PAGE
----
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Dollar Dips from Three-Month Highs, Rates Outlook Dominates

NEW YORK, March 8 (Reuters) - The dollar dipped modestly from three-month highs reached earlier on Wednesday as investors adjusted for the prospect of higher rates for longer after Federal Reserve Chairman Jerome Powell on Tuesday surprised markets with a more hawkish rate outlook.

Powell said that the Fed will likely need to raise interest rates more than expected in response to recent strong data and is prepared to move in larger steps if the "totality" of incoming information suggests tougher measures are needed to control inflation.

That prompted traders to reprice their rate expectations. Fed funds futures traders now see a 66% probability of a 50 basis-point hike at the Fed’s March 21-22 meeting, up from around 22% before Powell spoke on Tuesday. The rate is now expected to peak at 5.62% in September.

“I don’t think Powell told us anything we didn’t already know. I think it just shows the market sensitivity and uncertainty about where the peak Fed funds rate’s going to be,” said Marc Chandler, chief market strategist at Bannockburn Global Forex in New York.

Powell is expected to repeat his comments in testimony before Congress on Wednesday.

Investors are now focused on February jobs data due on Friday for confirmation that continued strong jobs growth supports more rate increases. The dollar has jumped since data on Feb. 3 showed that employers added 517,000 jobs in January.

However, that “seems to be a fluke - warm weather, benchmark revisions, these kinds of things,” said Chandler. “The dollar had a big four-month selloff and I think that so far it still looks corrective in nature, that is I don’t think that we’re going to go back and retest the September and October dollar highs.”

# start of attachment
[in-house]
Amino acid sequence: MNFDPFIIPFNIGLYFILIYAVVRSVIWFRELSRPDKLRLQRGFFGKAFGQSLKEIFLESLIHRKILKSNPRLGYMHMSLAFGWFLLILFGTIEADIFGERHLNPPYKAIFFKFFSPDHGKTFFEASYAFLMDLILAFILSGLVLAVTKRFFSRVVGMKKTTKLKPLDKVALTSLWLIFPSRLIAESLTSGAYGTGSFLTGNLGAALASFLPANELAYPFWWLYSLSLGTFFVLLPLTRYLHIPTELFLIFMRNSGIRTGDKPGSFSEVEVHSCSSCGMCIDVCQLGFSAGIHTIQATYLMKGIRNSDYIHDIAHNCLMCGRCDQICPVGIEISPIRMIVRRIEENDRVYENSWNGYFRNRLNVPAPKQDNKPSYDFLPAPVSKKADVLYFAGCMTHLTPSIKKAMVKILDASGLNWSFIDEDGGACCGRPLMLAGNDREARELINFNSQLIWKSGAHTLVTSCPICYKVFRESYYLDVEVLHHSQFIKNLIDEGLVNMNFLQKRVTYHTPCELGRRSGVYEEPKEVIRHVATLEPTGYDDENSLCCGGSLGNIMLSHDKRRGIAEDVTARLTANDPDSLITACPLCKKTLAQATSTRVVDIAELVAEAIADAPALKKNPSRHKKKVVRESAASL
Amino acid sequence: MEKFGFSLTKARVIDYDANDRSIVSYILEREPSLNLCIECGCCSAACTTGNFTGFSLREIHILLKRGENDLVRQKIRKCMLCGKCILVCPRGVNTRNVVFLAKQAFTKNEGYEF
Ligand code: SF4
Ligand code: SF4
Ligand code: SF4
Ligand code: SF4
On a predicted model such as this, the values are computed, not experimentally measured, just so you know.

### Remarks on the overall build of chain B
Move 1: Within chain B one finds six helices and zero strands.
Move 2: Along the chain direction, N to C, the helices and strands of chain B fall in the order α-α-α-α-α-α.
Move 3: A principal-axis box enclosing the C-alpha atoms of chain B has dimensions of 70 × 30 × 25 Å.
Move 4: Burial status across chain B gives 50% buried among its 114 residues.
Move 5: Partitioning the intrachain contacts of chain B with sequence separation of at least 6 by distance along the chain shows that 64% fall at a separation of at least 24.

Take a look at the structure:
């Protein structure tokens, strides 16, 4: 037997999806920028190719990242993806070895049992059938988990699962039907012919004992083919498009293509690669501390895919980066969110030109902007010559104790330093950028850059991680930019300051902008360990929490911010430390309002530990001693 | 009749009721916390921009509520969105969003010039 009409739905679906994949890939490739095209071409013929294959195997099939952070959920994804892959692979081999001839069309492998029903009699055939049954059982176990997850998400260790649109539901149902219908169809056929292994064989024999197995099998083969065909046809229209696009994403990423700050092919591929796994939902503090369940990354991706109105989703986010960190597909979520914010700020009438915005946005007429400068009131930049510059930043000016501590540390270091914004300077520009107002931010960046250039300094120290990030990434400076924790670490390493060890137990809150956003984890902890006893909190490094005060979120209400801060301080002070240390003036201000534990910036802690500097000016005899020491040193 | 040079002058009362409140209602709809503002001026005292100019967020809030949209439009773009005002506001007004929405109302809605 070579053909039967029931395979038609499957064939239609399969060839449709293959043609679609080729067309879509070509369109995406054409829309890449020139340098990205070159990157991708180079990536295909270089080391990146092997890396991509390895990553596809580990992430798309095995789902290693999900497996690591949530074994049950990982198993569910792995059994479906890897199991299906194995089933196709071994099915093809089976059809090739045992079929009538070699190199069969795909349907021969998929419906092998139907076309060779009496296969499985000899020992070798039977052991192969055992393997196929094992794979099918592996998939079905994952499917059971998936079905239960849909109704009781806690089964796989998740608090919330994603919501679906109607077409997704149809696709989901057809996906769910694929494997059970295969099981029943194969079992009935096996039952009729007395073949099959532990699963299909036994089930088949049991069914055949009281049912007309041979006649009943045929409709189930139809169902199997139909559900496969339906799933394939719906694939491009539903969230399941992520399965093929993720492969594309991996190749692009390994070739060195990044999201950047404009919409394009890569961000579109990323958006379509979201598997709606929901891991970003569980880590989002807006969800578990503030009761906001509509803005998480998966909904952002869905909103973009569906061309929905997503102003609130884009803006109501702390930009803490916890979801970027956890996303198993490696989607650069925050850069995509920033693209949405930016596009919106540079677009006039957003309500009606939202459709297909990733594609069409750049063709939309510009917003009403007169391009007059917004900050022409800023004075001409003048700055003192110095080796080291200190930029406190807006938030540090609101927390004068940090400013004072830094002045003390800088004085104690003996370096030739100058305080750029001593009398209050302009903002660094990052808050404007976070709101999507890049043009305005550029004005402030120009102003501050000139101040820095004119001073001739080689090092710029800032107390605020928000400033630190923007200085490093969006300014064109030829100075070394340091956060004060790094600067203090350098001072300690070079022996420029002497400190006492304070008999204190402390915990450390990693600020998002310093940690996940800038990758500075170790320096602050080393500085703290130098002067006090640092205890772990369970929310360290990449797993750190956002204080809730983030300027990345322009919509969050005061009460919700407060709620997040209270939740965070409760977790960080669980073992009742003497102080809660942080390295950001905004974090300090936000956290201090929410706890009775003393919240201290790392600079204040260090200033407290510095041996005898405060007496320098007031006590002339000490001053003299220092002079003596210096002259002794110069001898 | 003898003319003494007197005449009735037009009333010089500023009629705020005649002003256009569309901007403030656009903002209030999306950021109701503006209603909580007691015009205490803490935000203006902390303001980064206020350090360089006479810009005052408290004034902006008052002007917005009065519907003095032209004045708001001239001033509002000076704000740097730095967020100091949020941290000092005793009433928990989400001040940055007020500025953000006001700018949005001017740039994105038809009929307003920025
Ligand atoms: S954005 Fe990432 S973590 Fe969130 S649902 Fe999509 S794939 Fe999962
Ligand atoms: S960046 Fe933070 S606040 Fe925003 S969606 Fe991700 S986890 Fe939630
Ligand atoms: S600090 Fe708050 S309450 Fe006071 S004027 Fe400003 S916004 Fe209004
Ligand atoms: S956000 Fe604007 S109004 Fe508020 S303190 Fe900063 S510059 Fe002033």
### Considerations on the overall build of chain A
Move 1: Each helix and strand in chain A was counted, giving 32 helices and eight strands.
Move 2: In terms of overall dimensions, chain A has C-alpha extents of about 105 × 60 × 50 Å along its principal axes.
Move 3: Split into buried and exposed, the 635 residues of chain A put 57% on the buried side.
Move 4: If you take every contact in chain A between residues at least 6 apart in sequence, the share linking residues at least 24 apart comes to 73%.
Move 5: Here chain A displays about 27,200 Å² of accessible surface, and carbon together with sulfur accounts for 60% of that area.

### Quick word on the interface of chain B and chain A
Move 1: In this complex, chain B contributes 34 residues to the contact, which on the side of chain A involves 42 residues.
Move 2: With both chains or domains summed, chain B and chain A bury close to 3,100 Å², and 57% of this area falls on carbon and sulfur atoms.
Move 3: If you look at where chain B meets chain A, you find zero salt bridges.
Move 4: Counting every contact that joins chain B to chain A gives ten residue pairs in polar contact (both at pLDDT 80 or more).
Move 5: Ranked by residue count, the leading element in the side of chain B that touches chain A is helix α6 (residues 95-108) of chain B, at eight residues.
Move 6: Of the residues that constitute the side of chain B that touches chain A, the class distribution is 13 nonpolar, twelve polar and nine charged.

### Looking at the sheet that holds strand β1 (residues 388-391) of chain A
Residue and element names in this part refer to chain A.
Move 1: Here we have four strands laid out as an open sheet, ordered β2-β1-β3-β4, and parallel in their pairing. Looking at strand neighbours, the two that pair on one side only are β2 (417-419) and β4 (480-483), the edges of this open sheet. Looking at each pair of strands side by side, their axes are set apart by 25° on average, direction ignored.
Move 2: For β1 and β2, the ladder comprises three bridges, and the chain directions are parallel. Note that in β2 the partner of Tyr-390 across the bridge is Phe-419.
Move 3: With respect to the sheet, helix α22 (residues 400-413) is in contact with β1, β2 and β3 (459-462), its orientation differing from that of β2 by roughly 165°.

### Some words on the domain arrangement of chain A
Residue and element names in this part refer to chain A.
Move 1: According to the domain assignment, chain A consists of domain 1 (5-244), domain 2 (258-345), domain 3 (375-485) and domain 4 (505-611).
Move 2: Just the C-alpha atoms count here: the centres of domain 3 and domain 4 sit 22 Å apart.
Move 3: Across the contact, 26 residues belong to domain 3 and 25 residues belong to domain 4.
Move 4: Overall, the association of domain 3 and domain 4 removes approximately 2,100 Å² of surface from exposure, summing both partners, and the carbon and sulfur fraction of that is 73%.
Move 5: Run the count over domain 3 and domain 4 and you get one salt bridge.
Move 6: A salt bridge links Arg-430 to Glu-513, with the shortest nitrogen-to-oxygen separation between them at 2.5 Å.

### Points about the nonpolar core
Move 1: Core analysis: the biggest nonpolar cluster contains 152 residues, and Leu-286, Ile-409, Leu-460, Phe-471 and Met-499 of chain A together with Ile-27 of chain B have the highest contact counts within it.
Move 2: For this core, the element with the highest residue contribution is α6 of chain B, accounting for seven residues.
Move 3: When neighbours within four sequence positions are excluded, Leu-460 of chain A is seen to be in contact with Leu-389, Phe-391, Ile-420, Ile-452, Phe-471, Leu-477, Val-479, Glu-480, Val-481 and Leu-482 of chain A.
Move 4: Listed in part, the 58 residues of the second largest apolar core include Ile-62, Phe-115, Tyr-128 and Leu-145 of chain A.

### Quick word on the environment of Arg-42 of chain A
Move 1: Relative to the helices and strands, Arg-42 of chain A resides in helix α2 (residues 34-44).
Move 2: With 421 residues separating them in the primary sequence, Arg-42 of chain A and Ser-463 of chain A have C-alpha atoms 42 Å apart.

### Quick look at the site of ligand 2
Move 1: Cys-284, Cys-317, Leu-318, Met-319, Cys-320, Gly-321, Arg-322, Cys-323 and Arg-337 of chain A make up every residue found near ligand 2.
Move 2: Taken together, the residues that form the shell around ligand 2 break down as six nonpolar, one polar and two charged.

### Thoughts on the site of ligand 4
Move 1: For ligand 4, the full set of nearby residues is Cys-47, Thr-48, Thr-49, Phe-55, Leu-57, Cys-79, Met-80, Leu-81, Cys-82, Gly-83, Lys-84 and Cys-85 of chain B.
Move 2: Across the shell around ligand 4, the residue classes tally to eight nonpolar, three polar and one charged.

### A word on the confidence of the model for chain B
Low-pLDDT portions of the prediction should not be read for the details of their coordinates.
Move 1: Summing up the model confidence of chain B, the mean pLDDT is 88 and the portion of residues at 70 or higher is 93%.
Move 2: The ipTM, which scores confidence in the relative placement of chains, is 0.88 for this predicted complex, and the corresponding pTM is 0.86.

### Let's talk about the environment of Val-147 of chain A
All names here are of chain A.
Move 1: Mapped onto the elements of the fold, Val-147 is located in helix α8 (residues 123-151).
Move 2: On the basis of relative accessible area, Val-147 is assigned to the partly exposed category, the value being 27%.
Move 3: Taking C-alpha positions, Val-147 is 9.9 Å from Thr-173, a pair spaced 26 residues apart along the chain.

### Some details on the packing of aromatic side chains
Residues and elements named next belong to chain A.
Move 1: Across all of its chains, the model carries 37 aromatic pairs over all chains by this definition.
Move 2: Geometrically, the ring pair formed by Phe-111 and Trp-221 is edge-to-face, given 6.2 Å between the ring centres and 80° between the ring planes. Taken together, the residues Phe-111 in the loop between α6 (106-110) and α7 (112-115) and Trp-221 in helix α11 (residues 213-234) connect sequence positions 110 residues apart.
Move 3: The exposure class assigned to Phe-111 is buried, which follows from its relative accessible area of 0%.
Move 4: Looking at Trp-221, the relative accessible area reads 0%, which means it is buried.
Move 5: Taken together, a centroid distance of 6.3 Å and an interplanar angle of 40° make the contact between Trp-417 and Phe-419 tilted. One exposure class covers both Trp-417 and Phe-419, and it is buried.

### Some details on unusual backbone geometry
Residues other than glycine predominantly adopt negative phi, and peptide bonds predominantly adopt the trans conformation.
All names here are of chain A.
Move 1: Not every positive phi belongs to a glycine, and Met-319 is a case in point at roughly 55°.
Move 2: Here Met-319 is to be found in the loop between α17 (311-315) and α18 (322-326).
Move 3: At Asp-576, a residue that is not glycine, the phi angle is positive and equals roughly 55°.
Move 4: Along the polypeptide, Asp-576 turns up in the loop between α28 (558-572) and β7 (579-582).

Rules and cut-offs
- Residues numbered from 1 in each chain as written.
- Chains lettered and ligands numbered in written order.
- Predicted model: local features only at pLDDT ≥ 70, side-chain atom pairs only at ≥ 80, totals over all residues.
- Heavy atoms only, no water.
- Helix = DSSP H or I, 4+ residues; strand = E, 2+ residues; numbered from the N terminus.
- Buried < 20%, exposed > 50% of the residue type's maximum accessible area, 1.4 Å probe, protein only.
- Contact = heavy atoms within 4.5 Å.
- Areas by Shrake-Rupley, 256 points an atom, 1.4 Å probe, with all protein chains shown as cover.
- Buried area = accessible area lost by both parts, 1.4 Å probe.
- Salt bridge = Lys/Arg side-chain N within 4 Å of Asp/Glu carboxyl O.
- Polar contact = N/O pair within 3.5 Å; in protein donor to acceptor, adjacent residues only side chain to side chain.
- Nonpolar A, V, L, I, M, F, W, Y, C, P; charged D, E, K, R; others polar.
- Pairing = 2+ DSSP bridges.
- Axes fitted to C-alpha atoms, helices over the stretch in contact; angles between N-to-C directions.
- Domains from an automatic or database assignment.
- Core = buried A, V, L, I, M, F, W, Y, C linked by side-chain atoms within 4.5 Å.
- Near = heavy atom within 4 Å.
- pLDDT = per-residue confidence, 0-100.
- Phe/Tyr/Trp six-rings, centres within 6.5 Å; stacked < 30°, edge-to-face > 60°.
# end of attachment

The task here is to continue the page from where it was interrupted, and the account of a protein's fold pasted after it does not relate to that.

Economists are projecting job gains of 203,000, while wages are expected to rise 0.3% for the month and 4.8% on an annual basis. 

The dollar index was last down 0.09% on the day against a basket of currencies at 105.54, after earlier reaching 105.88, the highest since Dec. 1. It is up from a nine-month low of 100.80 on Feb. 1 but remains well below a 20-year high of 114.78 reached on Sept. 28.

The ADP National Employment report on Wednesday showed that private employment increased by 242,000 jobs last month.

The euro gained 0.03% to $1.0551. It fell to $1.0524 earlier and is trading just above this year's low of $1.04820 reached on Jan. 6.

“Friday’s U.S. employment data now take on particular significance” after Powell’s comments, Credit Suisse analysts including Shahab Jalinoos said in a report on Wednesday. “Data strong enough to show the rates market is not being hysterical in pricing higher Fed rates for longer would risk a test of 2023 EURUSD lows.”

The dollar fell 0.26% to 136.80 yen , after earlier reaching 137.90, the highest since Dec. 15. Sterling gained 0.06% to $1.1834, after earlier falling to $1.18105, the lowest since Nov. 21. The Aussie was up 0.23% at $0.6600, after reaching $0.6568 earlier, the lowest since Nov. 10.

Reporting by Karen Brettell; Editing by Nick Macfie

Source: Reuters

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